Description
Date/Time: 04-23-2019 - Tuesday - 05:00 PM - 07:00 PM
Jiajun Xu1

1, University of the District of Columbia, Washington, District of Columbia, United States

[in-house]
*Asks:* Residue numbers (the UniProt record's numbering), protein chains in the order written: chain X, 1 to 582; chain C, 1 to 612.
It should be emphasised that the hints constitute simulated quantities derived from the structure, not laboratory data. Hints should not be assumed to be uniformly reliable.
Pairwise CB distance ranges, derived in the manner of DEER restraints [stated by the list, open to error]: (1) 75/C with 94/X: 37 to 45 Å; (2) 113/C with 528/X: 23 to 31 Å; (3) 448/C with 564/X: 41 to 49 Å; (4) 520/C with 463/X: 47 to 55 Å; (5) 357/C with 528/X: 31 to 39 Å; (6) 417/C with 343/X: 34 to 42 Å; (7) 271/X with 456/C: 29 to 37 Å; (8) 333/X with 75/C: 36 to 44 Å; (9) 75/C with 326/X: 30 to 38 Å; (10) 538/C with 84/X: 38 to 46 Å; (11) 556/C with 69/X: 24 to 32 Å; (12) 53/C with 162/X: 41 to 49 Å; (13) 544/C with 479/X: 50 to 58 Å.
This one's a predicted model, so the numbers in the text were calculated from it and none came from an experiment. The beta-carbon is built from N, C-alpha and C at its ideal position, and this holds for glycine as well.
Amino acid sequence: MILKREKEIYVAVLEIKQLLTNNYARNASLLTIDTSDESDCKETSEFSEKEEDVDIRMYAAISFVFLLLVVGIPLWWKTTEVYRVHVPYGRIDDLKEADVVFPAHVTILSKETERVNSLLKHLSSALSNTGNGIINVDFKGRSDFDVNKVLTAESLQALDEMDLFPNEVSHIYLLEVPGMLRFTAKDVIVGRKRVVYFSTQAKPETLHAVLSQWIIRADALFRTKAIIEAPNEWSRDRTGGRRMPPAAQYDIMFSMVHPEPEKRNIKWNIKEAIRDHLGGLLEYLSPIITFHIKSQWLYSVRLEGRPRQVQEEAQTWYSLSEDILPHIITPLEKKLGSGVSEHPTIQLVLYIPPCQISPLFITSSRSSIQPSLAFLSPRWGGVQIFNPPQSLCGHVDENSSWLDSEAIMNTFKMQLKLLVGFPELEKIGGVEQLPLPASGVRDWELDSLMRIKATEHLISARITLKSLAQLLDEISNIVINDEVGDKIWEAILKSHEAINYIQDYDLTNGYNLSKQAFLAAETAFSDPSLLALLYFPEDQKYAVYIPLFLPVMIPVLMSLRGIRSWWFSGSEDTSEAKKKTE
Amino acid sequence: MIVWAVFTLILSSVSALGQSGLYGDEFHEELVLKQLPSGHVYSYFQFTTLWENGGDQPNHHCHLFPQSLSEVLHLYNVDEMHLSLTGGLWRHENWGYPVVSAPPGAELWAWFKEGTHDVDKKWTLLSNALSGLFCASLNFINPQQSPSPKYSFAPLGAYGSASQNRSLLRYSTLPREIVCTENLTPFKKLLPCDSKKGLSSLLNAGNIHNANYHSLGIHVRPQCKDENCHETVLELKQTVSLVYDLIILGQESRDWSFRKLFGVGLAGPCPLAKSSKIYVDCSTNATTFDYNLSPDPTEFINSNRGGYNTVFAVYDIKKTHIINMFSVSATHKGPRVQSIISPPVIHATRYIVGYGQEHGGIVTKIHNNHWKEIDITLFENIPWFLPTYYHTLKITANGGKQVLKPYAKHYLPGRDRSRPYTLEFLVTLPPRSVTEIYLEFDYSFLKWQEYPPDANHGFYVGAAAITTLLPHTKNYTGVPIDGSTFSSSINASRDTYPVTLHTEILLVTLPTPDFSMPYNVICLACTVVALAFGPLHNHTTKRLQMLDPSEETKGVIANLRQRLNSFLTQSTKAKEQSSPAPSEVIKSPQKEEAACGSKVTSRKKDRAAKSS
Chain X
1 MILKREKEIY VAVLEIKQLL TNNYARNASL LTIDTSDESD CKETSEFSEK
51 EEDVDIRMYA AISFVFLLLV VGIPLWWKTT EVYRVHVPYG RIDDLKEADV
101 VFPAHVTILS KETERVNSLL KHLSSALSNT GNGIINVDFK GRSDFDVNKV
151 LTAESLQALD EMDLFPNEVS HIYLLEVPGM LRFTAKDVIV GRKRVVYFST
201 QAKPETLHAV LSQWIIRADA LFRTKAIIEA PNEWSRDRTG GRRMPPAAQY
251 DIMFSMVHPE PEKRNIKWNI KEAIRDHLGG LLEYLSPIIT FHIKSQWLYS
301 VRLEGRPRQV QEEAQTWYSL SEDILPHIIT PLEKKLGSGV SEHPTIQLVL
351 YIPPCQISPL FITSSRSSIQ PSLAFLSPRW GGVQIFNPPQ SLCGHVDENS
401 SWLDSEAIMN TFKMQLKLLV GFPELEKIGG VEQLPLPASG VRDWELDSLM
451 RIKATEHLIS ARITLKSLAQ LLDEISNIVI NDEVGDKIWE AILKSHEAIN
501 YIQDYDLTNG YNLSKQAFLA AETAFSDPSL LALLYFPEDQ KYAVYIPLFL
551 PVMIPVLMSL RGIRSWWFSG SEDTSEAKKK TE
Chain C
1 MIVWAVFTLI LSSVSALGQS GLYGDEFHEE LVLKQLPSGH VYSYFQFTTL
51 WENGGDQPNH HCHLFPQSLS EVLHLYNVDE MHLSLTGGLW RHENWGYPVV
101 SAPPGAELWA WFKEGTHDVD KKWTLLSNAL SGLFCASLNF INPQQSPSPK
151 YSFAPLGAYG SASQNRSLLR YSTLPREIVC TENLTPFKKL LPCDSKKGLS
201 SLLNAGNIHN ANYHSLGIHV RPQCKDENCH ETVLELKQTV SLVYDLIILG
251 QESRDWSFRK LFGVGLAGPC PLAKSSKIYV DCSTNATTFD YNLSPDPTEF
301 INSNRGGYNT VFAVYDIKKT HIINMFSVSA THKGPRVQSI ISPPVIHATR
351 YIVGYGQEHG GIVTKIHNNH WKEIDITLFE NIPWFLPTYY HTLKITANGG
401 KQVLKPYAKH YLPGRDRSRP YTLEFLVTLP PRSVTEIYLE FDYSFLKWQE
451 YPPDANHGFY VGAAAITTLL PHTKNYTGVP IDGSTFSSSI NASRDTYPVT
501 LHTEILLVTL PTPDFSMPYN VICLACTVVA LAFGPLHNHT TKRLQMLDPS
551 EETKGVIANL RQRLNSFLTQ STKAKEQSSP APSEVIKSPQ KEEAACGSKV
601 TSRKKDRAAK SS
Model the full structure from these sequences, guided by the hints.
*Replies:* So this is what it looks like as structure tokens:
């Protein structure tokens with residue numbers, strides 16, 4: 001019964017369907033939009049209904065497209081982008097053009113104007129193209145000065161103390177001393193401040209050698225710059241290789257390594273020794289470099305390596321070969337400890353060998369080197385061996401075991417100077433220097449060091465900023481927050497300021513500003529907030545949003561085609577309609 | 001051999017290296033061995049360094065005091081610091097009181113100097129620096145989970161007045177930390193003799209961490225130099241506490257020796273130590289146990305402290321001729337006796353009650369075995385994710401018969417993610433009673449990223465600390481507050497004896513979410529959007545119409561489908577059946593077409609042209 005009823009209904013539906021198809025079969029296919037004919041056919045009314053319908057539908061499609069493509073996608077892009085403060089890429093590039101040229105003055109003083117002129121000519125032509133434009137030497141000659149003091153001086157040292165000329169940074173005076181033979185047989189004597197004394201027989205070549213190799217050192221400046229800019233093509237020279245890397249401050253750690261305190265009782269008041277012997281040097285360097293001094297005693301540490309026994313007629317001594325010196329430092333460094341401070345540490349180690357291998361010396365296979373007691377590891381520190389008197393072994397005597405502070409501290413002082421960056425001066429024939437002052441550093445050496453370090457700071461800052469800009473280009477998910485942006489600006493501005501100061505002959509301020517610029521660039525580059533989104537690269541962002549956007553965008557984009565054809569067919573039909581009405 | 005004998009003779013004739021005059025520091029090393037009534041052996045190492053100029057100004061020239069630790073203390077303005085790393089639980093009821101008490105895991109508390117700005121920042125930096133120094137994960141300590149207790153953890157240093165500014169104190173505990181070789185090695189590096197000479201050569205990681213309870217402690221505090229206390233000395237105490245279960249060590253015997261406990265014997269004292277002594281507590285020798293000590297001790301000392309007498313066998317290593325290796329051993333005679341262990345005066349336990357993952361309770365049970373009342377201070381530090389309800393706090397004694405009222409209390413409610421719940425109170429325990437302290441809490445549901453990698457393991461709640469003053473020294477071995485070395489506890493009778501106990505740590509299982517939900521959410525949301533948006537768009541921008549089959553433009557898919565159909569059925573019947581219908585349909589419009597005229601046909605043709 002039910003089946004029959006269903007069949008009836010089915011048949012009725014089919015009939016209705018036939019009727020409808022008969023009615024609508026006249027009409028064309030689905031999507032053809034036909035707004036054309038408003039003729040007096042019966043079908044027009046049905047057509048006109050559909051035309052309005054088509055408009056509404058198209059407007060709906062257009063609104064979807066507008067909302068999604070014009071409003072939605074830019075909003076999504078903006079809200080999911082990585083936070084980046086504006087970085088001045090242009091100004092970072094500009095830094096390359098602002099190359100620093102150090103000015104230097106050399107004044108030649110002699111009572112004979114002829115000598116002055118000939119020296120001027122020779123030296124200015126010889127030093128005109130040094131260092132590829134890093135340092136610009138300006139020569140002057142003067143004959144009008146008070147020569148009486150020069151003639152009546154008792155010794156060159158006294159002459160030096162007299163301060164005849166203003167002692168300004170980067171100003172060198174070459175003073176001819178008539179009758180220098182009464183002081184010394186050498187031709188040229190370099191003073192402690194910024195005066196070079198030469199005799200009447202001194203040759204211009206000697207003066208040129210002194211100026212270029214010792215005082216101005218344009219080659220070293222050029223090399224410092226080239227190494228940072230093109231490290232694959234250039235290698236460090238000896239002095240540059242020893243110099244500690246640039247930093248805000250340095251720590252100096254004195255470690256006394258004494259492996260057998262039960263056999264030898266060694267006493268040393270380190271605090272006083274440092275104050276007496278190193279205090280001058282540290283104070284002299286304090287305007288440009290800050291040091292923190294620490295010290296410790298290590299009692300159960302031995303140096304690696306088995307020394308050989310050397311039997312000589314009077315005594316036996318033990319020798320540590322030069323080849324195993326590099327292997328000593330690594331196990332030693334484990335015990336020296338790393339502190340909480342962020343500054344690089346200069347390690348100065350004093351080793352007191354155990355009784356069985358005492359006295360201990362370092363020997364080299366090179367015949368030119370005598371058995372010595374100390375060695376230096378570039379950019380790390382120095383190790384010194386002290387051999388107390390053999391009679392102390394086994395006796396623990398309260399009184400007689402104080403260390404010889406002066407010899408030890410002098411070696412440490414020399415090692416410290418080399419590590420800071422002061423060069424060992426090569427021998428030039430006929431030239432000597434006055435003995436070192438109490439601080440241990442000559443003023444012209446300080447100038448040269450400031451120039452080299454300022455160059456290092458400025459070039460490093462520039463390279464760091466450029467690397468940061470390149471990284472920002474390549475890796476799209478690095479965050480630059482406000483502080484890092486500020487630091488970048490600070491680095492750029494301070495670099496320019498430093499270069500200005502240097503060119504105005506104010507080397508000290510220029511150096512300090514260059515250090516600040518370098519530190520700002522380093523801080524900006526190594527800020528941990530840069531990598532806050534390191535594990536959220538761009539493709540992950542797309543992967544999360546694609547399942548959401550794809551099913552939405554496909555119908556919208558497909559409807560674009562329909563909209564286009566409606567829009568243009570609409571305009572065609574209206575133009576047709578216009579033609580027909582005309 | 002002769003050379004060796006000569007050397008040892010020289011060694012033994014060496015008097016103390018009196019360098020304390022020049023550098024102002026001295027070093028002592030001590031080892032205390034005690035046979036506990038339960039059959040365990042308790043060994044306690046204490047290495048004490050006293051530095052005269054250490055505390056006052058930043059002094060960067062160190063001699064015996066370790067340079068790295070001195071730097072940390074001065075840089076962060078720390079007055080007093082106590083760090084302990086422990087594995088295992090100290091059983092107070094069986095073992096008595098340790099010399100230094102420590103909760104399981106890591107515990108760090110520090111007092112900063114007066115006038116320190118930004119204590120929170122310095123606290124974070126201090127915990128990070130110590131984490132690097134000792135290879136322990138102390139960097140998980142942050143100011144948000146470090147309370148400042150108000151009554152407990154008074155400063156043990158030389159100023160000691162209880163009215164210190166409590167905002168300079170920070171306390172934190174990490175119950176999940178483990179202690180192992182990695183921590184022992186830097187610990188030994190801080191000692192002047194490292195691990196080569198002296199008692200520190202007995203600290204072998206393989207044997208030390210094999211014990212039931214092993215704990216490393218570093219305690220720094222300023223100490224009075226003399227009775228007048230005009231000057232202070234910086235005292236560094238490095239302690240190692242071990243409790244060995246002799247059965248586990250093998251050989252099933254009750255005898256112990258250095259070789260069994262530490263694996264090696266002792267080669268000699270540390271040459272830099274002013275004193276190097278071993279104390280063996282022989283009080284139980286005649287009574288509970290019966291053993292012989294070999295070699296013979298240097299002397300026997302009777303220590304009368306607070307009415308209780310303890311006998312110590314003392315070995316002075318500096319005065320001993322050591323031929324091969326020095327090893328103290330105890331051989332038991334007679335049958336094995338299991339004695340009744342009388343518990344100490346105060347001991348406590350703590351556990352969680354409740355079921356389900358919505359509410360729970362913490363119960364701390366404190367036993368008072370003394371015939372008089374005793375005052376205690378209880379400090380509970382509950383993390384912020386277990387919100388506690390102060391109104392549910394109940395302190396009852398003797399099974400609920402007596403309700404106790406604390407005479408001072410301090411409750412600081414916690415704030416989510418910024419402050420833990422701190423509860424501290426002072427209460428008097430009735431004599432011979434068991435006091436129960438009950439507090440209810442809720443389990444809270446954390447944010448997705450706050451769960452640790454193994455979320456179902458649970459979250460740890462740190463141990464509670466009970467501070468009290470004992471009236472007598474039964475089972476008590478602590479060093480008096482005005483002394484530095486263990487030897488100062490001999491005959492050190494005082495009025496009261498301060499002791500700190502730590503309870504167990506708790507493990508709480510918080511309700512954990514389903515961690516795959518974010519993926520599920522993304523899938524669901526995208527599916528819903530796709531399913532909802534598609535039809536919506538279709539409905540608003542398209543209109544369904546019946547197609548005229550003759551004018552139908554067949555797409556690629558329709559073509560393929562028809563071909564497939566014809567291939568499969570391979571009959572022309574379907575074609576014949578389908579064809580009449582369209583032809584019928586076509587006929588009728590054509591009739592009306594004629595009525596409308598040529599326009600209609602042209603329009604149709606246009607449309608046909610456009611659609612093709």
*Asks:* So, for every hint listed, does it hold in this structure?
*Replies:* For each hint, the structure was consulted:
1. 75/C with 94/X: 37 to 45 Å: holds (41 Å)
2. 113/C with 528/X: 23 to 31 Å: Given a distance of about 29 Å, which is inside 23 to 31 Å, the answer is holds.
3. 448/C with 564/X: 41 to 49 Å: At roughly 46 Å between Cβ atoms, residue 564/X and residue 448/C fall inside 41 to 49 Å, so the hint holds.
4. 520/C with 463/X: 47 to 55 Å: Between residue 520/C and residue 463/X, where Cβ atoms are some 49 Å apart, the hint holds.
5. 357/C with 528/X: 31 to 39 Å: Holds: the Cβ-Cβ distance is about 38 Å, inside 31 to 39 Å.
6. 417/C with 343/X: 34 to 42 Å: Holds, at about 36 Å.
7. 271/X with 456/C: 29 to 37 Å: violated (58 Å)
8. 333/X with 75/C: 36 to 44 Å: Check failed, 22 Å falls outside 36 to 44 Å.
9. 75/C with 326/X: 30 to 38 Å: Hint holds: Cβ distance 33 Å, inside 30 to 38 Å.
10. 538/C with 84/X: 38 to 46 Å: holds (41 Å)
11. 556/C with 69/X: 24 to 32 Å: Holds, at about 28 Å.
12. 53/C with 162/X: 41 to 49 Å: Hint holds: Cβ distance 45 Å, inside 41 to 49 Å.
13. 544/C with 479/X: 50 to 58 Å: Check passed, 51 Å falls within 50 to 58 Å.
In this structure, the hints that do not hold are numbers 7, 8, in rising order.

Effective system energy management and cooling solutions is critical for a range of increasingly complex systems and missions. Various industries and agencies seek technologies and design techniques to cool ultra-high heat fluxes in various applications, and thereby increase system energy efficiencies in future advanced lasers, radars and power electronics. There has been an increasing interest in exploiting the use of additive manufacturing in developing nontraditional cooling schemes to be built directly into components. This study investigates the heat transfer and pressure loss performance of additively manufactured micro-channel heat exchanger. A heat exchanger of 30 micro-sized channels was manufactured via the Direct Metal Laser Sintering (DMLS) method and tested at a range of Reynolds numbers. Same test setup and configurations have been used to test the DMLS manufactured micro-channel heat exchanger here, and the results are compared to the mini-channel heat exchanger of similar dimension but manufactured traditionally. The results have shown that although DMLS manufactured micro-channel heat exchanger yield a higher-pressure loss, it has shown significantly improved convective heat transfer compared to the mini-channel heat exchanger tested under same conditions but fabricated traditionally. It is likely that non-post processed surface of the DMLS manufactured micro-channels is the main contributor of this augmented heat transfer. Future study is needed to further understand the mechanisms behind the phenomena observed here.

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